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Global Response

Our Age Friendly Journey

Age friendly work commenced under the World Health Organization’s Age Friendly Cities and Communities Programme as a response to population ageing. The Age Friendly Ireland Programme supports cities, counties and towns across Ireland to prepare for the rapid ageing of our population by paying increased attention to the environmental, economic and social factors that influence the health and well-being of older adults.

The first local authority led age friendly county programme was established in Louth in 2009. Since 2009, an age friendly programme has been developed in each of the 31 local authority areas following application of a consistent methodology and governance structure which supports cities and counties to be more inclusive of older people by addressing their expressed concerns and interests under the eight defined WHO programme headings.

   

Age friendly work commenced under the World Health Organization’s Age Friendly Cities and Communities Programme as a response to population ageing. The Age Friendly Ireland Programme supports cities, counties and towns across Ireland to prepare for the rapid ageing of our population by paying increased attention to the environmental, economic and social factors that influence the health and well-being of older adults.

The first local authority led age friendly county programme was established in Louth in 2009. Since 2009, an age friendly programme has been developed in each of the 31 local authority areas following application of a consistent methodology and governance structure which supports cities and counties to be more inclusive of older people by addressing their expressed concerns and interests under the eight defined WHO programme headings.

 

The 8 World Health Organisation (WHO) Age Friendly Themes Within the framework of the WHO’s Age Friendly Cities and Communities model, city and county based stakeholders are making commitments to shared action plans addressing pillars spanning housing, our health services, built environment, transport and social and civic participation. Under the leadership of the local authority chief executive’s and senior managers, governance is anchored in the multi-agency age-friendly alliances, supported by broadly representative older peoples’ councils engaged as co-design partners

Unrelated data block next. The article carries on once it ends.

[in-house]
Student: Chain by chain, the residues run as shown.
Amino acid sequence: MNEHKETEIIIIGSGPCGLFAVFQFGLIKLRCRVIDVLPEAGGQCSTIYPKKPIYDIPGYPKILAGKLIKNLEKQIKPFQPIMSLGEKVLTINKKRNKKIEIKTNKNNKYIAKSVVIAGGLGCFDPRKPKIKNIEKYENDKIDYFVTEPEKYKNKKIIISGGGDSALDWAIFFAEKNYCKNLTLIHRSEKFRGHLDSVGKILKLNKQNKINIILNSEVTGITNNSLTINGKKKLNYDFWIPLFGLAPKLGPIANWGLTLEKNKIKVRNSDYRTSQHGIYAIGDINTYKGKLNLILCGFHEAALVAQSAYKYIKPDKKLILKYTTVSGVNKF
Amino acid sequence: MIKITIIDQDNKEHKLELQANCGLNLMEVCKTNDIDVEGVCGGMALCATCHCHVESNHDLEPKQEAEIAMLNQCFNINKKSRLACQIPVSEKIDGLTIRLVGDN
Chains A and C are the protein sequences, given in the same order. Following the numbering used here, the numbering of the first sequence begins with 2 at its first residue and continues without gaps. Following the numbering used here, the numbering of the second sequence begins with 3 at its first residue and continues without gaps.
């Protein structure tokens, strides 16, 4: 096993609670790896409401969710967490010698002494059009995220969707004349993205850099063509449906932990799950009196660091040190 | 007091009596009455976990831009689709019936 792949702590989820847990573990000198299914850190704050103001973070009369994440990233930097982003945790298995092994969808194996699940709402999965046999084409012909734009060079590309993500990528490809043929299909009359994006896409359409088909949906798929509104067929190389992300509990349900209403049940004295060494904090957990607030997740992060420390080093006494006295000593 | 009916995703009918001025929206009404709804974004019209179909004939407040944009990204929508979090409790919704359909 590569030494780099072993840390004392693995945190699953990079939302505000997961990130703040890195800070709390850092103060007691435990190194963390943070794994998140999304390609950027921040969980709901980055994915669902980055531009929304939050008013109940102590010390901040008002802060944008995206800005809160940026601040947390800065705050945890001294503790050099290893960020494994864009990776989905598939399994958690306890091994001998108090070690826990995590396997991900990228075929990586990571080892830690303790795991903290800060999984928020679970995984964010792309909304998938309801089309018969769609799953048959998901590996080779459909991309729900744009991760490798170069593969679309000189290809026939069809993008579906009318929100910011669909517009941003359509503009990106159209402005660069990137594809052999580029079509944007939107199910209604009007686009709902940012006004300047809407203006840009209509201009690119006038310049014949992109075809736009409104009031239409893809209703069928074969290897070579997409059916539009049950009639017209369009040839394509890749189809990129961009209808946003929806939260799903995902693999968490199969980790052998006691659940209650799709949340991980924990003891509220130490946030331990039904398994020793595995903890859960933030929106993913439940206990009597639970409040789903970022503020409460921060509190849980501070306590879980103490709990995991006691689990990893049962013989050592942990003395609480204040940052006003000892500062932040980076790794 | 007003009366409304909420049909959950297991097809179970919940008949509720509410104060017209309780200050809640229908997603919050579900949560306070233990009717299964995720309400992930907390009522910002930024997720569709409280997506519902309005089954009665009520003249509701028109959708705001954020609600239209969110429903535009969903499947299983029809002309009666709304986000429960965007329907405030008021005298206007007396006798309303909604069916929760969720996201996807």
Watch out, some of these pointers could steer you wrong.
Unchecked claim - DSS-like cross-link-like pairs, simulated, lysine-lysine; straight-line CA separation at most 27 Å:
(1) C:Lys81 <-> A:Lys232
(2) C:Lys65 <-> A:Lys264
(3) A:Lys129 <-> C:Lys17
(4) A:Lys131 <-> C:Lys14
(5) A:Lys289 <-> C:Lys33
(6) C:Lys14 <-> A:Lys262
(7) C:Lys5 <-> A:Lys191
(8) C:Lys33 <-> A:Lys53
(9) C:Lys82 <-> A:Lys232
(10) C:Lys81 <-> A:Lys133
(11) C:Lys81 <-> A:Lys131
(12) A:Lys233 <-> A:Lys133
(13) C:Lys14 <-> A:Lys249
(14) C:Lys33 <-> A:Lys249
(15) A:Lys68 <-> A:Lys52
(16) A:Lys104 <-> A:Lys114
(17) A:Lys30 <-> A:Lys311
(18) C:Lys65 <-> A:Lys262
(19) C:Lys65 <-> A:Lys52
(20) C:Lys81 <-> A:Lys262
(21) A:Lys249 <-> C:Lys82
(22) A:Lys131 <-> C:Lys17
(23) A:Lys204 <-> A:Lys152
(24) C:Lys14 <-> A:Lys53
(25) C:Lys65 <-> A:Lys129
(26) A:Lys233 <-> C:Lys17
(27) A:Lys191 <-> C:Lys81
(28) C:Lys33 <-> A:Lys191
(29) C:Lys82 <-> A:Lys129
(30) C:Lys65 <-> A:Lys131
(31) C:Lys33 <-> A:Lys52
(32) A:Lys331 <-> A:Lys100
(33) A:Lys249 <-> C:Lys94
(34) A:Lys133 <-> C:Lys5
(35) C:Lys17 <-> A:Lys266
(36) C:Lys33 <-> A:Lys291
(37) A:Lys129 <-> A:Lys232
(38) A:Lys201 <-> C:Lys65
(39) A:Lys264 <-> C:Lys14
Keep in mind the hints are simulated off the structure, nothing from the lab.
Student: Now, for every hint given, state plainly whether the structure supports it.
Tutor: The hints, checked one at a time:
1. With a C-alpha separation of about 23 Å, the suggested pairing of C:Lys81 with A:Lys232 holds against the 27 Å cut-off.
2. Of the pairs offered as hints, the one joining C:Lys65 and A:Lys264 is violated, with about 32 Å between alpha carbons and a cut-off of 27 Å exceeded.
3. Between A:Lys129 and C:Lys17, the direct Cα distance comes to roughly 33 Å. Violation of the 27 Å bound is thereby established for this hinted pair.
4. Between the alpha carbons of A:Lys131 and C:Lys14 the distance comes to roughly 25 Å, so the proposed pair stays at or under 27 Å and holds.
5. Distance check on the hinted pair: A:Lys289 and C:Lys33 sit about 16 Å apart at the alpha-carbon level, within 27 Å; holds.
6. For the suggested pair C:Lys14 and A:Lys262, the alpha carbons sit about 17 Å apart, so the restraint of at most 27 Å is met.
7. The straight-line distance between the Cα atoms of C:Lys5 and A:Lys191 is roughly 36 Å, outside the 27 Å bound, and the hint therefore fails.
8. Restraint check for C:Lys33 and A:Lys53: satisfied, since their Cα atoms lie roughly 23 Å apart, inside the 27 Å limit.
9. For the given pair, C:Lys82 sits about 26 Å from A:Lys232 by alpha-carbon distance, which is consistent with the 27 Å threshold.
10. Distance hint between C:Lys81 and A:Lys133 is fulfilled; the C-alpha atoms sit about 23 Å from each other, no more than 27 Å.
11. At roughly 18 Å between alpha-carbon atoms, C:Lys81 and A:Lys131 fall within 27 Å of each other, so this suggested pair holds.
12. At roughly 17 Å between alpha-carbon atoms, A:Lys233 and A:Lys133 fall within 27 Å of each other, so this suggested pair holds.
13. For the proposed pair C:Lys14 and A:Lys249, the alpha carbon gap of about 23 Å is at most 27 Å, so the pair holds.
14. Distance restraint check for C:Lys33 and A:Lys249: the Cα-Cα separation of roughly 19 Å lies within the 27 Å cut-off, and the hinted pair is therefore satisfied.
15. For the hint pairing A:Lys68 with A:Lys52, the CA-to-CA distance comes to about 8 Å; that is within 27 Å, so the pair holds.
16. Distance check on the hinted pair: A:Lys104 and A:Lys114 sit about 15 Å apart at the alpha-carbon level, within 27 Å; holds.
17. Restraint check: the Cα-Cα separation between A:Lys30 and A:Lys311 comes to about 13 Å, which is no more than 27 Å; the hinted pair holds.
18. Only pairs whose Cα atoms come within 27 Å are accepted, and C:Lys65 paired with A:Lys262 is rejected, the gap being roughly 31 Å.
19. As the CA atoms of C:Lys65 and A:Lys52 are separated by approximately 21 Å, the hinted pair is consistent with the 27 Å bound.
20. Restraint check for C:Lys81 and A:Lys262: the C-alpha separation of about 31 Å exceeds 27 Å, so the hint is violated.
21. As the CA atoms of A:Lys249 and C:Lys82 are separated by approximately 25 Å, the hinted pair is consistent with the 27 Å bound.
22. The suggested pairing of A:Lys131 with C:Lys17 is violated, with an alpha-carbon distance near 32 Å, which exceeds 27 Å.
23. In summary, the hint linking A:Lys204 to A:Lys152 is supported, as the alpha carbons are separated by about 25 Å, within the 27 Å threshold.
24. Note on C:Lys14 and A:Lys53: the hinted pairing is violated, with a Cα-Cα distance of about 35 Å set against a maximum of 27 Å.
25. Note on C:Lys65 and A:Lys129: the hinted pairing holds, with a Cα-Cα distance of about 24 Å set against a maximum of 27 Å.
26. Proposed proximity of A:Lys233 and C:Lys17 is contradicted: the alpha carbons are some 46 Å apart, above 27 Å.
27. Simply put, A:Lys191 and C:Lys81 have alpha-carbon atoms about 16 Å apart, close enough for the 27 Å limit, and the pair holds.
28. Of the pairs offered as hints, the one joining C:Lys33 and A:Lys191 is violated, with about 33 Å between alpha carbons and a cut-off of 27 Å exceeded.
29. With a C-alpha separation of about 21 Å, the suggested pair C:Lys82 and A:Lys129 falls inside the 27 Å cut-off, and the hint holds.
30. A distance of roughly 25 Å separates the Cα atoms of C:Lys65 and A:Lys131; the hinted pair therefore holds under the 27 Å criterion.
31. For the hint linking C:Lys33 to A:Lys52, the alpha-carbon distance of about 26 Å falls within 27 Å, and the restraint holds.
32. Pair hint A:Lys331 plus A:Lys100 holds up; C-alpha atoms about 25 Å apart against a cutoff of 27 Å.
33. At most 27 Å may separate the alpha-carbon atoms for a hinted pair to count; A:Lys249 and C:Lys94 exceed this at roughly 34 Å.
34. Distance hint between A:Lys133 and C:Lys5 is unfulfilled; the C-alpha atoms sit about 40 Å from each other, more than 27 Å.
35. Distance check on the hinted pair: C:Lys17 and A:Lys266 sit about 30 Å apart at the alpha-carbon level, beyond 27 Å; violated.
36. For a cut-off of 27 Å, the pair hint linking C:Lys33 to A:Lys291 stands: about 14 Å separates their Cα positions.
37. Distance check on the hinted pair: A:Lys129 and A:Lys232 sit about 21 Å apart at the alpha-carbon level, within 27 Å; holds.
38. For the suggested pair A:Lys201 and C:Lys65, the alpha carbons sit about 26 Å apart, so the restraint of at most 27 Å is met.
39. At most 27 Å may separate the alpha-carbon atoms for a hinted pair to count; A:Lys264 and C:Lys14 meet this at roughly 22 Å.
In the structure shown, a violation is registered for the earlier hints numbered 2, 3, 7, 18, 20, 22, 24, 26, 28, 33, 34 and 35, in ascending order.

A key strength of this programme is its reliance on the voice of older people. This is achieved through the active management of formal Older People’s Councils in each local authority area. These representative structures are a crucial vehicle for listening to older people and engaging them in decision-making processes. All infrastructural developments and social support initiatives can benefit from these structures in having a pathway to hear about older people’s needs regarding transport design and implementation and consult with them on proposed developments.

Successful age friendly city and county programmes are now working to create the kinds of communities in which older people live autonomous, independent and valued lives. To date, the local government led age friendly programmes across Ireland have implemented real change in imaginative and cost-effective ways. While health and wellbeing is fundamental to the vision a great deal of the programme has focused on actions and developments in other areas; In creating walkable, attractive and accessible communities and age-friendly spaces, and by introducing actions to address participation and inequality it is intended that people of all ages will be supported to enjoy healthier, more active and connected lives.

 

 

The Dublin Declaration on Age Friendly Cities & Communities

 

Modelled on the Barcelona Declaration (1995) the Dublin Declaration on Age Friendly Cities and Communities in Europe (2013) was developed on a collaborative basis by the World Health Organization (WHO) Global Network of Age-friendly Cities, the Ageing Well Network, and the International Federation on Ageing following a detailed consultation with international experts in the field of age friendly cities and with local authorities. The aim of the Declaration is to commit signatories to a range of actions that are broadly based on the eight domains identified by the WHO in its Global Age-friendly Cities Guide. The Declaration expresses the clear commitment of political leaders of cities and communities to strengthen and champion action to make their communities more age friendly and highlights the need for ongoing improvement across a range of interrelated domains of older people’s lives. It commits signatories to undertake a continuous cycle of improvement through a planning process supported by participation in the WHO’s Global Network of Age-friendly Cities.

The 2014 joint hosting, by Dublin City Council together with Age Friendly Ireland, of a civic ceremony in Dublin’s City Hall saw the signing of the Declaration by 10 local authorities. This occasion marked the full engagement by all of Ireland’s 31 local authorities with the Declaration. The Taoiseach (prime minister), on the occasion of the 2014 signing described the landmark as ‘’a declaration of Ireland’s united commitment to creating an age friendly State.’’

Various signings of the global Declaration, the official custodian of which is Dublin City Council, have brought the total signatories to more than 120 including a host of international cities such as New York, Mexico, Manchester, Edinburgh and Seoul.

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